Saturday, July 25, 2015

Popping In For A Post

Life has gotten busy, and so I don't really blog any more. My Facebook page really plays that role for me now. But I suspected that every once in a while something would scream for a larger treatment than I could give on Facebook, and lo and behold it has happened. I read this article today:

This is the most puerile, useless treatment of Genesis I have ever read. It completely misunderstands the nature of religious language, and the nature of the Book of Genesis in particular. First of all, the author assumes from the outset that religious language is like the language of newspaper reporting or science...that the point of religious language is 'how' questions.

Language has different uses. Nobody thinks that when a poet says a cloud is like cotton, that the poet is trying to communicate the exact chemical makeup of clouds. They understand that poetry doesn't seek to communicate a third-party perspective but a first-party perspective...that the language of poetry is the language of explaining WHAT IT IS LIKE to experience a cloud.

Religious language is born, too, out of experience, though I think that religious language serves a purpose different than every day poetry. The point is that religious language has its own purpose, uses, and questions it addresses. For a full treatment on this subject I suggest Russell Pregeant's MYSTERY WITHOUT gives a devastating refutation to Schweitzer's entire approach to scripture.

But moreover, Schweitzer uses ONLY one part of Genesis to talk about the Biblical approach to cosmology. There are, in fact, not one but MANY Creation stories in the Bible, and they are often in commensurable. If we are to take the Genesis 1 account of Creation as a straightforward and all-encompassing cosmology, how do we deal with the fact that a very different cosmology is found one chapter over in Genesis 2? And similarly, how do we deal with the more expansive accounts found in Proverbs 8 and Job?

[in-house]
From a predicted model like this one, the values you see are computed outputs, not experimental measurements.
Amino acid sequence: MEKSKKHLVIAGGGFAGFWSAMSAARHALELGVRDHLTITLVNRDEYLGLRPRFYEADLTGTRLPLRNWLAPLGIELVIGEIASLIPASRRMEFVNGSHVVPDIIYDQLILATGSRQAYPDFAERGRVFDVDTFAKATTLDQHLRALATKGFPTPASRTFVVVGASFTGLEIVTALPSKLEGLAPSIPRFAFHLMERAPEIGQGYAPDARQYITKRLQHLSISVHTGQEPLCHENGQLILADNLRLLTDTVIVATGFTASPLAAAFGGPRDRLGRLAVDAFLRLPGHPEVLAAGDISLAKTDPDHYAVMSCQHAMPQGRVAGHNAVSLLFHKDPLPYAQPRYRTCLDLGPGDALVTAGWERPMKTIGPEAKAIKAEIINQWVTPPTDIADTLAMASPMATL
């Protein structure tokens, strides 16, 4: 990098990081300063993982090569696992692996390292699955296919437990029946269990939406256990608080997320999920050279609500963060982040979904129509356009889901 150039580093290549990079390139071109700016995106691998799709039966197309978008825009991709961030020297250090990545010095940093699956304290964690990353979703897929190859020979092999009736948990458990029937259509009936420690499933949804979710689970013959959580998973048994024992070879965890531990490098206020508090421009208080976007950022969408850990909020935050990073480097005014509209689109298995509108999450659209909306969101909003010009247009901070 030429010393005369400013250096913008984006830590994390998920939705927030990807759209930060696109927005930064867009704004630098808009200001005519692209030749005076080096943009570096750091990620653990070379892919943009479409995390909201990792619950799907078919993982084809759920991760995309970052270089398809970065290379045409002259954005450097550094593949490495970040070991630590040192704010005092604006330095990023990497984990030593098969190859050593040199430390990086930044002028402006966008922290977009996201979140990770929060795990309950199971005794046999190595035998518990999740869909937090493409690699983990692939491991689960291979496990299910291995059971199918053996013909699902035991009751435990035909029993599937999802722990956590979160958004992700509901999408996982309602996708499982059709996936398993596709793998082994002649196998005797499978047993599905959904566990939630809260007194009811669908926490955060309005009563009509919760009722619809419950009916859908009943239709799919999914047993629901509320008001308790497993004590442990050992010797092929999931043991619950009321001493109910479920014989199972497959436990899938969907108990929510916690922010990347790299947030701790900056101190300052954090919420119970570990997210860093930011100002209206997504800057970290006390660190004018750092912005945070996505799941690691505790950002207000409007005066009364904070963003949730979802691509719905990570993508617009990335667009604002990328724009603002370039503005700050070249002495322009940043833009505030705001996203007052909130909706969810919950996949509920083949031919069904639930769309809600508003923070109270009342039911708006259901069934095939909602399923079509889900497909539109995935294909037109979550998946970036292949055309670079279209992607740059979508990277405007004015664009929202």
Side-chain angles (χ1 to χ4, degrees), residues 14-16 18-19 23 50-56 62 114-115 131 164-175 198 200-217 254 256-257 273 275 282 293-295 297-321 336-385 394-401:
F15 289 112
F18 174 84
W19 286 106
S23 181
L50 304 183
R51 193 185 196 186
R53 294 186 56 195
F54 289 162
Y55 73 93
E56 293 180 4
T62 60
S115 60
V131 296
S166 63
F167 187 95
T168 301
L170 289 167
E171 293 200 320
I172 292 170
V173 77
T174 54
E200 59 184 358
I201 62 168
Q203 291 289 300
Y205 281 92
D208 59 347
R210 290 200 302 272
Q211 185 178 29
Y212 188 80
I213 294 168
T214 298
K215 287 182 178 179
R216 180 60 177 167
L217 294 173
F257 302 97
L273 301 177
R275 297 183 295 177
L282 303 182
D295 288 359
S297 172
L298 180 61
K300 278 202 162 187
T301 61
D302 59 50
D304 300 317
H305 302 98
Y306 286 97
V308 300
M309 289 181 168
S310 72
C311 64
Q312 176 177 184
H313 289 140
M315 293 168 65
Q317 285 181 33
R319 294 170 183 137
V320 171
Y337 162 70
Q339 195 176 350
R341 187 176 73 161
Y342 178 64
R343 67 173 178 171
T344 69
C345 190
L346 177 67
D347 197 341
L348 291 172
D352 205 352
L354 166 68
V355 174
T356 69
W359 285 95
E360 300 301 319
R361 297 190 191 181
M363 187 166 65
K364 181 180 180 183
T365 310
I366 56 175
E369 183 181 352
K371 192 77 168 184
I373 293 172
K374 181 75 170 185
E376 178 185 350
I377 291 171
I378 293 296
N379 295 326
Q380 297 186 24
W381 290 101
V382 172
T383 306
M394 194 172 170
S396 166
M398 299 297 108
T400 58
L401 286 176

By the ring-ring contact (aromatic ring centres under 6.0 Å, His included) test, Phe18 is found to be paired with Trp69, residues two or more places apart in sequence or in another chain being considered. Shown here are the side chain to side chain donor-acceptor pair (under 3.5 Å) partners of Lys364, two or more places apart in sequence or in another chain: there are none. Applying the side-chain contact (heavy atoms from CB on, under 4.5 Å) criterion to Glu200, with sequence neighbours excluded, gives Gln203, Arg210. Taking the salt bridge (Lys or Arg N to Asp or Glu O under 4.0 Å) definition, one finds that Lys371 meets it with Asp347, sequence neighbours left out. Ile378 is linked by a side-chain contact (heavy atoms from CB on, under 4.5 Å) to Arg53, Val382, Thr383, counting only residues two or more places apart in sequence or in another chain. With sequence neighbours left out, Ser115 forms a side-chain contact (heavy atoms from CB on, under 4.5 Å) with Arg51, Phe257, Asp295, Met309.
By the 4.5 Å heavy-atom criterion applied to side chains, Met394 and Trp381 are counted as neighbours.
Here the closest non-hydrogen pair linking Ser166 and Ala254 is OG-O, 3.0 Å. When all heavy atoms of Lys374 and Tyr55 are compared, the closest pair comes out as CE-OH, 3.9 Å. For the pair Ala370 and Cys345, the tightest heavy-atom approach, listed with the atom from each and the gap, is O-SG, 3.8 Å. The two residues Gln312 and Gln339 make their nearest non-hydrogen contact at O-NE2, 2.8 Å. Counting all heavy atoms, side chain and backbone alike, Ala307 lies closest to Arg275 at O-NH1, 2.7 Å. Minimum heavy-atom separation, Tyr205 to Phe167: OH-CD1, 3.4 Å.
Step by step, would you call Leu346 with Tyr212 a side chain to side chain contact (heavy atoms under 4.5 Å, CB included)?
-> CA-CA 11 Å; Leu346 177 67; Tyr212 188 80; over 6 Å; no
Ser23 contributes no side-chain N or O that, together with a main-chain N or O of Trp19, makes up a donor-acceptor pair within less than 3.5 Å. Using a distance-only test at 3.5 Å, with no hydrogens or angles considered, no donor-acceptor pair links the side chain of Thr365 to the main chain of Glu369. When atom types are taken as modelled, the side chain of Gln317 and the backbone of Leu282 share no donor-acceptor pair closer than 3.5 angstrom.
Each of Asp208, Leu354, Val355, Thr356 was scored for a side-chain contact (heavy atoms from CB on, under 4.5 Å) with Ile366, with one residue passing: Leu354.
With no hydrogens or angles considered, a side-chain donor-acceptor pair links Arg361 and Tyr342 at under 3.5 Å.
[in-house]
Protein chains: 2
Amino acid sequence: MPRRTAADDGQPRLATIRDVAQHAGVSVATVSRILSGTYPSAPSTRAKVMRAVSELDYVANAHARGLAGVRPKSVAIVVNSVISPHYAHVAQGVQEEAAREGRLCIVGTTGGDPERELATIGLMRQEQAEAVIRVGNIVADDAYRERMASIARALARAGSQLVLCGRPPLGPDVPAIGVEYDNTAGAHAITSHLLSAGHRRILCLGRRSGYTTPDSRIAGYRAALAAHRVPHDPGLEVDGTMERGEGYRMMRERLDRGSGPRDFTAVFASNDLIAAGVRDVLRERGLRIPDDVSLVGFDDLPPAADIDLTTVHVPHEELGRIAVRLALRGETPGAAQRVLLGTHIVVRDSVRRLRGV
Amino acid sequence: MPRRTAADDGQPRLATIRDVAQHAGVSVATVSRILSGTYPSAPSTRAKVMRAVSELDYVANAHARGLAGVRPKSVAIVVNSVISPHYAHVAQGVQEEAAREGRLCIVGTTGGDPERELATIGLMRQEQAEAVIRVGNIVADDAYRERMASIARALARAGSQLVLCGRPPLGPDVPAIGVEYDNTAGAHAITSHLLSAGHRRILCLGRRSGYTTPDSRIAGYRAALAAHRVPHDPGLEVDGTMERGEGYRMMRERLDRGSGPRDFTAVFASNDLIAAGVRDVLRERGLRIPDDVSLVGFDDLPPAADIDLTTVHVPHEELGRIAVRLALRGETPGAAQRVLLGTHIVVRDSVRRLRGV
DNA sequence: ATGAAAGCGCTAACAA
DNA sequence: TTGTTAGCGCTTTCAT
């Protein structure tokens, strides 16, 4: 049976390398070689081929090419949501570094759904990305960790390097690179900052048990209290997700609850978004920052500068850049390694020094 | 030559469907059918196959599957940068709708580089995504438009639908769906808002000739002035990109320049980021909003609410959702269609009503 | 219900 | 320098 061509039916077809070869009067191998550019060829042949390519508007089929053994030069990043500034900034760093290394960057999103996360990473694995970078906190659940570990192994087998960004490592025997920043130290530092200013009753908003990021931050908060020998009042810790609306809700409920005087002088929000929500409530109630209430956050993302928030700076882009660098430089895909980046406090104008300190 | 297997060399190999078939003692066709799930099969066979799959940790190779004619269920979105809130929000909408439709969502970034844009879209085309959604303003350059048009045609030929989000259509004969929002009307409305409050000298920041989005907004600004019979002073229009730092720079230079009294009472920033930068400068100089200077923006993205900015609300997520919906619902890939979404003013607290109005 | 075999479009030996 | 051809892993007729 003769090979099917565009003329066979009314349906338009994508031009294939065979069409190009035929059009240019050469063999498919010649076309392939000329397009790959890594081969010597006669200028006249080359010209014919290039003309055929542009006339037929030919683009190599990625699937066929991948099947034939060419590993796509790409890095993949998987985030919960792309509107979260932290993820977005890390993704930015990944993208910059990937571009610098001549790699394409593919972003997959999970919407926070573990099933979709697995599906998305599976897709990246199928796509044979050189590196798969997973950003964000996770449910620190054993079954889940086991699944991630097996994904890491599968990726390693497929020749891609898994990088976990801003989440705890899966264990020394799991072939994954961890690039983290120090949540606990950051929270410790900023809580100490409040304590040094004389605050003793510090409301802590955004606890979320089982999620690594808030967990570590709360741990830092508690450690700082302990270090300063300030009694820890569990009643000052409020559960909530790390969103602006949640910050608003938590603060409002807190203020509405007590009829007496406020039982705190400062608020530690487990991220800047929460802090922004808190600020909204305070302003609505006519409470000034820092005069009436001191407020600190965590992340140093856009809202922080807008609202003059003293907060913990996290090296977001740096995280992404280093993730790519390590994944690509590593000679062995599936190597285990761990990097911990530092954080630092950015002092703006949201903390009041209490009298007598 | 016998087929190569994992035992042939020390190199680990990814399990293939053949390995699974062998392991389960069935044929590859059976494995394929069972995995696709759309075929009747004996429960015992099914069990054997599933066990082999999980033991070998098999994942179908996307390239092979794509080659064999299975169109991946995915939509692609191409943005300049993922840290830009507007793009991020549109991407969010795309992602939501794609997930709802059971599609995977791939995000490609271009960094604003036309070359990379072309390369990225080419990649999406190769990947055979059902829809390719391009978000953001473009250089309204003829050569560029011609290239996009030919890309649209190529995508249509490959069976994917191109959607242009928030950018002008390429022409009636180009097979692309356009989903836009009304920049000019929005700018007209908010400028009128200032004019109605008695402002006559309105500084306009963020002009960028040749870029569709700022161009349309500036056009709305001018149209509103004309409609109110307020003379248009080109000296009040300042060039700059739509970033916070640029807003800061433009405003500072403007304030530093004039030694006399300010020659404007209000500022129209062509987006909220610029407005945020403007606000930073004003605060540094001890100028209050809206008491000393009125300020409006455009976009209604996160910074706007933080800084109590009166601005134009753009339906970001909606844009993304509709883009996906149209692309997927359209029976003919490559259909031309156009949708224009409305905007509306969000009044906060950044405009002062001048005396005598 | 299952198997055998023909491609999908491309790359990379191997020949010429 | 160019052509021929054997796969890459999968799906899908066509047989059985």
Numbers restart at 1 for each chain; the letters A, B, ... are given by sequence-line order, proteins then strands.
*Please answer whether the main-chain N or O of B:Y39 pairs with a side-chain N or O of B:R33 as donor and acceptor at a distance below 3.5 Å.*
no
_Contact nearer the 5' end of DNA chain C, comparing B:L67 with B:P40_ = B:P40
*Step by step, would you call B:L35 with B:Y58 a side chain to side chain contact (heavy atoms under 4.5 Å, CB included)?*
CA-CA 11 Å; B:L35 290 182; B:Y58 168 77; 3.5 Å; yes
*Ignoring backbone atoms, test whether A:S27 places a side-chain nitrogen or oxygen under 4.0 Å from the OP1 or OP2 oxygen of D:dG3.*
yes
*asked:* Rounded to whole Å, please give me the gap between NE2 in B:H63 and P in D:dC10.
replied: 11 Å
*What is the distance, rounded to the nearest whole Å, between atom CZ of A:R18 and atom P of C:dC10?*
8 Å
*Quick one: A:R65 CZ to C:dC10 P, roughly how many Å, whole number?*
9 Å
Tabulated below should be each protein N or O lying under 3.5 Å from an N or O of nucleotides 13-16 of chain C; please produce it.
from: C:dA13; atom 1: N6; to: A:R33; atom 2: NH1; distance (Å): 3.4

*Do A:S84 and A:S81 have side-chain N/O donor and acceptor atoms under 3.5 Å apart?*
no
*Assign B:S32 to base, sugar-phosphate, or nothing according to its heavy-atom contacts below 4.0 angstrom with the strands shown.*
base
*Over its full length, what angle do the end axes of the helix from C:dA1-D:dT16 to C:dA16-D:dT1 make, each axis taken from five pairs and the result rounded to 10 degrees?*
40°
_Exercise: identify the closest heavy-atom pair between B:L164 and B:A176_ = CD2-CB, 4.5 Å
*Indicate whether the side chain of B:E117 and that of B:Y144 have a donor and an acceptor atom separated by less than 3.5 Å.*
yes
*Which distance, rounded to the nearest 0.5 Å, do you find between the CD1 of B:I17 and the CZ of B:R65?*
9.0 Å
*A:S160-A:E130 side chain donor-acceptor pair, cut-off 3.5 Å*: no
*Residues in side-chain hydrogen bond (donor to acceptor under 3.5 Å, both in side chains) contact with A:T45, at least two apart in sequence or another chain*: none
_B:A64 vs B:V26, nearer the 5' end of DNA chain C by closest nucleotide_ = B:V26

The point is that the Bible tells not one but many creation stories, some of those stories are more or less congruent with a modern scientific account, but that doesn't really matter. What really matters is that the plurality of accounts points to the fact that the language of the Bible shouldn't be taken to be some kind of scientific account of creation, but rather has some other purpose that a thinking person would be wise to discern before actually making pronouncements on Biblical teachings. It would be a practice Schweitzer would've done well to undertake if he wanted to avoid sounding like a theological ignoramus.

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